Fuel was leaking from a pipeline in a poor Lagos neighborhood Thursday, but the Red Cross said its earlier report of an explosion was mistaken.
LAGOS, Nigeria — Fuel was leaking from a pipeline in a poor Lagos neighborhood Thursday, but the Red Cross said its earlier report of an explosion was mistaken.
A Nigerian Red Cross official, Ige Oladimeji, said once officials got to the site in a northern neighborhood of Nigeria's largest city, they found there was no explosion or fire. Witnesses said a cooking fire in the same neighborhood may have led to the confusion.
Tuesday, a blast hit a pipeline as scavengers collected fuel spilling from the conduit, leaving 265 people dead. Nigeria is Africa's leading oil producer, but mismanagement and corruption has hit the refining sector, causing chronic fuel shortages.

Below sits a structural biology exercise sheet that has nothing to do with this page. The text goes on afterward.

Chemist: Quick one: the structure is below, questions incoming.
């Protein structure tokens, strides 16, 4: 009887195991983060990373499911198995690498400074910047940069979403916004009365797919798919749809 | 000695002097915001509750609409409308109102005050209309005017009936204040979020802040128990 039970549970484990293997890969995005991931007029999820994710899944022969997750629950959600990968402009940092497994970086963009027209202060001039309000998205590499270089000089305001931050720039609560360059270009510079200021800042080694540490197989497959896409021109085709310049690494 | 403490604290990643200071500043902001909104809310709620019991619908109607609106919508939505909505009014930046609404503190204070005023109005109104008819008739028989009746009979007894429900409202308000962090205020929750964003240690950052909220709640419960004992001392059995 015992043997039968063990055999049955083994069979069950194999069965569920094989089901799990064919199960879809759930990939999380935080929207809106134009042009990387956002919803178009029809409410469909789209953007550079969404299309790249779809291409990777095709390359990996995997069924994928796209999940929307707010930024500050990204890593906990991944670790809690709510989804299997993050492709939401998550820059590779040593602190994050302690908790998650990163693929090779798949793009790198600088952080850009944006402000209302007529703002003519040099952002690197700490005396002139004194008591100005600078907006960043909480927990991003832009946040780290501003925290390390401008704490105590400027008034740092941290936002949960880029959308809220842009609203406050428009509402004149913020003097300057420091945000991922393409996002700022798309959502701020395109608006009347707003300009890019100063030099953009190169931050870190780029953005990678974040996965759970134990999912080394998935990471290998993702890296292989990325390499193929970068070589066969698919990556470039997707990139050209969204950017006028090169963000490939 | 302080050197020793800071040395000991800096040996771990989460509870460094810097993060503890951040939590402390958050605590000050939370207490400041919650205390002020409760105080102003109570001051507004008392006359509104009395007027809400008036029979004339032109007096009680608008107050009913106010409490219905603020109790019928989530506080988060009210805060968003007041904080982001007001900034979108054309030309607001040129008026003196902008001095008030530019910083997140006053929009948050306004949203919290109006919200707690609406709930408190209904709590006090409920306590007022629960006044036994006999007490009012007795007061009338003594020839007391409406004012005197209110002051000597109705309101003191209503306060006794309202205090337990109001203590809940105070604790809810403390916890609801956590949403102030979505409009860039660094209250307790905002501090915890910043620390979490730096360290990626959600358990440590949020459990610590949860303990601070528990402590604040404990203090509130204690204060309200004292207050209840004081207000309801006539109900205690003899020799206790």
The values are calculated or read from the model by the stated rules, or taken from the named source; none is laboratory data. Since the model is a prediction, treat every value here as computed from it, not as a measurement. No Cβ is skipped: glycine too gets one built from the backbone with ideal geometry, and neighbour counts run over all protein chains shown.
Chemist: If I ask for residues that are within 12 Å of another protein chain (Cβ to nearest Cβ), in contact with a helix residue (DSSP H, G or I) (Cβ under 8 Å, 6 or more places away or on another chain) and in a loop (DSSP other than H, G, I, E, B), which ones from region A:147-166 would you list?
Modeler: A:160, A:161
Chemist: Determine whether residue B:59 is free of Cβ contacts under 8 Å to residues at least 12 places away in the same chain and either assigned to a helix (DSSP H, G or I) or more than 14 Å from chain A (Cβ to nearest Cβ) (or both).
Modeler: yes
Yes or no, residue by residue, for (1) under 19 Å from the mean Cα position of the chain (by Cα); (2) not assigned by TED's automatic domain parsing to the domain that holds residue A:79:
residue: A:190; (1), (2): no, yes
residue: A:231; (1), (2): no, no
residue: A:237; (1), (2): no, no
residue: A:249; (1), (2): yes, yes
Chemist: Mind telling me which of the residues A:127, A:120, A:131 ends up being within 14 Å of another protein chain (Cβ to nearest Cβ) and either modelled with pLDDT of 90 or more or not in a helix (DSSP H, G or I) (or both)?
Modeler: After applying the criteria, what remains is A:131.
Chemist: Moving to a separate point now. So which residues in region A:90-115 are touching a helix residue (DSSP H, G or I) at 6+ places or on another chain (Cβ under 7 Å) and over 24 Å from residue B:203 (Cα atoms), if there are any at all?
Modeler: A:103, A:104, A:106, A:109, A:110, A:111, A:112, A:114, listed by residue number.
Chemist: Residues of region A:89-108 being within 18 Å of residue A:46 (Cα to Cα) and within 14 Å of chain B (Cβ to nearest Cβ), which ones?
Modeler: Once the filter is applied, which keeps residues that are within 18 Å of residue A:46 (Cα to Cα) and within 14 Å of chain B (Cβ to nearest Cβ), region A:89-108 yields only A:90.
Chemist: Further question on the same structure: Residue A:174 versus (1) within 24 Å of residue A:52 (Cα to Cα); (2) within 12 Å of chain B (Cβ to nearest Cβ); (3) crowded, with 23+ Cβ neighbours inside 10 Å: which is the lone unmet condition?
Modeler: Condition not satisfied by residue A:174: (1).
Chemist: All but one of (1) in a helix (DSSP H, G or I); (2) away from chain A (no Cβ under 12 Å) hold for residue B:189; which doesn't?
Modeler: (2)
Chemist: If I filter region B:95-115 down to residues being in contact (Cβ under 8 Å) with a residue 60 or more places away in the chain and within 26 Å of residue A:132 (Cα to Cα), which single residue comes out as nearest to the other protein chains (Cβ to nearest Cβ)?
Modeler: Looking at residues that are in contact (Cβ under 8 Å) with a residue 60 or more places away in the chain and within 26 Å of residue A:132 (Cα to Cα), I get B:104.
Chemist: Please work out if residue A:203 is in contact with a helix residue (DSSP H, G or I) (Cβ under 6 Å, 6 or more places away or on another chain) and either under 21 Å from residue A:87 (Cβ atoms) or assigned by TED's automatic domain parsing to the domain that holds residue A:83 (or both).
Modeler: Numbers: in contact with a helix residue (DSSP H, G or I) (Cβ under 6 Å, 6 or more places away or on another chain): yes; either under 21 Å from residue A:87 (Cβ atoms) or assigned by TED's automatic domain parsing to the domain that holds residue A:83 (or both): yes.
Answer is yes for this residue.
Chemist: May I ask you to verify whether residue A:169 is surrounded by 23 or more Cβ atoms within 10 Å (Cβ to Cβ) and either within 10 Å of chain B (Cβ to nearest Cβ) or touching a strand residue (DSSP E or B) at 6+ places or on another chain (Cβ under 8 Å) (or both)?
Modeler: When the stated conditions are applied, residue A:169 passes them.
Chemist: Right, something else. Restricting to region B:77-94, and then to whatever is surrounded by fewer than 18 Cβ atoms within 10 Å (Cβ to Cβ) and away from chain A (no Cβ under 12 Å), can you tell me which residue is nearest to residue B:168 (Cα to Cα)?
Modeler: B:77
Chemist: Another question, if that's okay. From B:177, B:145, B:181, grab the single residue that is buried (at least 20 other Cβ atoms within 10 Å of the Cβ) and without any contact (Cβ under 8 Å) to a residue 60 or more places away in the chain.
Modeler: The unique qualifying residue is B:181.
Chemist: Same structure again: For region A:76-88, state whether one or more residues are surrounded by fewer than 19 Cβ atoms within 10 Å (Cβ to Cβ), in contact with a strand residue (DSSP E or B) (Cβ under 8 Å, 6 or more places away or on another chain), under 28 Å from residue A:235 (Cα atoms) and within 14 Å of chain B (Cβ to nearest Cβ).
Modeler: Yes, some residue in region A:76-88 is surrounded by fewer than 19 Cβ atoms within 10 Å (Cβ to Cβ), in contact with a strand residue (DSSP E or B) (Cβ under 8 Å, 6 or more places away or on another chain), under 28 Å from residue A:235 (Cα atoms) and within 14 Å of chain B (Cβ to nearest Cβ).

Tapping into the pipes that often traverse populated areas is a common practice in Nigeria, where black-market fuel sells for more than ten times the filling-station price.
In a season of both Christian and Muslim holidays, petrol has been particularly scarce as travelers head out of cities, leading to hours-long lines at gasoline stations across Lagos.
Earlier this year, 150 people died in a similar incident and a 1998 pipeline fire killed 1,500.
Many Nigerians feel they have gained little from decades of oil production in their country, saying gas flaring and oil spills have polluted lands while they remain poor as only a tiny elite grows rich.
Source: Associated Press